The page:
This week we’re looking at the wine term Second Label. Surprise, surprise it has roots in France (there it’s called Second Vin).
The term is linked to France’s Bordeaux region where it was first used to refer to a lesser wine produced by a chateau. In simple terms, it is the wine that’s considered second best to the crème de la crème wines that are good enough to make it into Bordeaux’s “Grand Vin” classification.
But just because wine is shunned from making it to the top of its class and thus labeled as a second label, doesn’t mean it should be ignored. In fact second label wines are often more affordable and just as reputable as their first-class cousins.
In some cases the only reason the wine goes to a chateau’s second label is because the grapes come from vines that are too young and thus not allowed under the strict requirements of reaching Bordeaux’s Grand Vin status.
The younger vines are harvested and fermented separate from the barrels that have been identified for the first label, or Grand Vin, classification. They are then bottled under a separate label — the second label — and sold for a lower price than the grapes designated for the first label brand.
This is great for the consumer, because they get to try wines produced by some of the world’s best winemakers, but at a price that doesn’t come at the expense of an entire year’s savings.
This also allows winemakers to make money while they wait for their Grand Vins to reach perfection.
Sometimes, when nature deals a nasty hand during the growing season (remember our post about terroir?), winemakers won’t produce a first label. Instead they may only choose to release a second label wine because they either couldn’t harvest enough of the best grapes to produce first label quality, or they don’t feel the harvest is good enough to live up to their previous Grand Vin reputation.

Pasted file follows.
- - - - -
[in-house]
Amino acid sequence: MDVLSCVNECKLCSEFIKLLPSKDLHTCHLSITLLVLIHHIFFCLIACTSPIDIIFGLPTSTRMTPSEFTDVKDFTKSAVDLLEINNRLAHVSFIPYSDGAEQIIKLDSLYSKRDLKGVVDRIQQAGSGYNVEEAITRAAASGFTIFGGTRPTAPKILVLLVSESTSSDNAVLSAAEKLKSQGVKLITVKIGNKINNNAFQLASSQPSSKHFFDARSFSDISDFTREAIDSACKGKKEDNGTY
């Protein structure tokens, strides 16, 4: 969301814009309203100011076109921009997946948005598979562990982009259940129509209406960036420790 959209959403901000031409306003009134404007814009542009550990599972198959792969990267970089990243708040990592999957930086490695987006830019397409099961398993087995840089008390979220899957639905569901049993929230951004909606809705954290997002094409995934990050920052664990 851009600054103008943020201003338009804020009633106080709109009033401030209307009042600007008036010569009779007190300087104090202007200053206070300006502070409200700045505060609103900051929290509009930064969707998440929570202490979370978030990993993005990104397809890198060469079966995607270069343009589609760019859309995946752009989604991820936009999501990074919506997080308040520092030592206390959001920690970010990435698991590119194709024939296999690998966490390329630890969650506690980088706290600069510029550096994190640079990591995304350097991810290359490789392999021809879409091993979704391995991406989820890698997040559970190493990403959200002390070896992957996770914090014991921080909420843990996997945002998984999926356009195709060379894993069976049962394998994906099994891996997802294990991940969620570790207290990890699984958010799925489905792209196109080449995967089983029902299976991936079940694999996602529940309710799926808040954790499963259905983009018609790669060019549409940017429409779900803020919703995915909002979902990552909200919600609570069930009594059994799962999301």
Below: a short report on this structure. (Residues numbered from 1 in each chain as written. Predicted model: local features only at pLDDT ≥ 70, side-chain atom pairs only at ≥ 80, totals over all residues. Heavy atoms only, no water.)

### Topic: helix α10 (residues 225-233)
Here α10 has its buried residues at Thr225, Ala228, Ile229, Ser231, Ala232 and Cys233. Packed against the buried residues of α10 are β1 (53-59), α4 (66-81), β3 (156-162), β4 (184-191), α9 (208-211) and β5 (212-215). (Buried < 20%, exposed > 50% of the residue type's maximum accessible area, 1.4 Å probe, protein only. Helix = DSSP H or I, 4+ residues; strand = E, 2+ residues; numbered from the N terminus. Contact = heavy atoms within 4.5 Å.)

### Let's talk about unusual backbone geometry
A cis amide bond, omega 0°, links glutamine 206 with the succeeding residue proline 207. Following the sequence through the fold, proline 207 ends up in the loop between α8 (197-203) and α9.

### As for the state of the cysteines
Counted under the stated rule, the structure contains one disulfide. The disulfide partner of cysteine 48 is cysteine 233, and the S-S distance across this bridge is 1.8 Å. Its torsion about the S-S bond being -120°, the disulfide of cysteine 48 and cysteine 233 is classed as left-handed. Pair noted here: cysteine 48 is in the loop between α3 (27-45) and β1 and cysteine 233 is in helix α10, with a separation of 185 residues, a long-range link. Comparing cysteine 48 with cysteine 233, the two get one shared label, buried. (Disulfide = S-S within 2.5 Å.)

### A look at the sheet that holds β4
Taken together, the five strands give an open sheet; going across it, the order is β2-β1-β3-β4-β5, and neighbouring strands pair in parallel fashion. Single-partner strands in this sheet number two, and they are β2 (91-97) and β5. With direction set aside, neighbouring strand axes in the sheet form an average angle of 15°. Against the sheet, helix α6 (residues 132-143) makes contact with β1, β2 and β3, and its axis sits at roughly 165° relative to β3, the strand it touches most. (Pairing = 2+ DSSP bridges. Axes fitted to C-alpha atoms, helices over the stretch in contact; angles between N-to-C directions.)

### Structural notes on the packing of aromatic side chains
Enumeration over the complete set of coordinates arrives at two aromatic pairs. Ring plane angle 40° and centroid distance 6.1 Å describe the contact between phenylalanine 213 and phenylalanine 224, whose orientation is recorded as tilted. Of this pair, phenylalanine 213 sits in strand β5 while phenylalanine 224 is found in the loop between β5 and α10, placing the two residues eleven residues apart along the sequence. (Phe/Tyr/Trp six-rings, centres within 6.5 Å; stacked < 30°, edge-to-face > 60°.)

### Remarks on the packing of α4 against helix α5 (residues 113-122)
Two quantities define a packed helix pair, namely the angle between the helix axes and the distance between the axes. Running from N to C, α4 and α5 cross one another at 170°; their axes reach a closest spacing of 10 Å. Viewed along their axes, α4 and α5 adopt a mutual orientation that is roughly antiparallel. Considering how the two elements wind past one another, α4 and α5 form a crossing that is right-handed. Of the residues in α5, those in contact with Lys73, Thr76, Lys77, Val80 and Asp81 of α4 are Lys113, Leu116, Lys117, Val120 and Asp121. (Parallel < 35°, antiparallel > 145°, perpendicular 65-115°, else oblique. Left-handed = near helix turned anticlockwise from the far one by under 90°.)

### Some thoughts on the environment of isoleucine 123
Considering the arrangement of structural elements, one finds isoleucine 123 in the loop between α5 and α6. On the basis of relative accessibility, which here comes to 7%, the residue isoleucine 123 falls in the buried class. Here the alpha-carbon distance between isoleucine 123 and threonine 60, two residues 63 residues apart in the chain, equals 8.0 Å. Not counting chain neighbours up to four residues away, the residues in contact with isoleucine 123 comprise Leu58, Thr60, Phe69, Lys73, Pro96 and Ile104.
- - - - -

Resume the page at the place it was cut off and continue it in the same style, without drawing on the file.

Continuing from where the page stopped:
While the second label has European connections, it’s a term that carried over to other winemaking regions — including the United States. But, from what we’ve been able to tell, not everyone uses the term in the way it was originally intended.
While some stay true to the definition of using estate grown grapes to produce a first and second label wines, others use the term loosely, instead to describe an actual second brand of wine coming from a winery.
Olympic Cellars Winery has what it calls a second label, but a better way to describe its “Working Girl Wine” is to call it a second brand.
The wine is not a secondary production resulting from grapes that didn’t make the top of its class, like the true definition of the term.
But with catchy names like Rose Riveter and Working Girl White, it’s no surprise the wines have caught on well beyond the boundaries of the Olympic Peninsula winery.
Notable second labels, in the true sense of the definition, include:
- J. Lohr Vineyards and Wine produces Cypress Vineyards as its second label.
- Stag’s Leap Wine Cellars (known for its Napa Valley estate grown Cabernet Sauvignon) produces the Hawks Crest second label.
- Goose Ridge Estate Vineyard and Winery, of Kennewick, produces StoneCap as its second label, using the same estate grown grapes as its Goose Ridge label, but with a more affordable price tag.
- Woodward Canyon Winery produces its second label wines under the label Nelms Road, offering Merlot and Cabernet Sauvignon from its Walla Walla Valley vineyards.
Have a second label you can’t get enough of? We’d love to hear your recommendation.
Brynn and Mary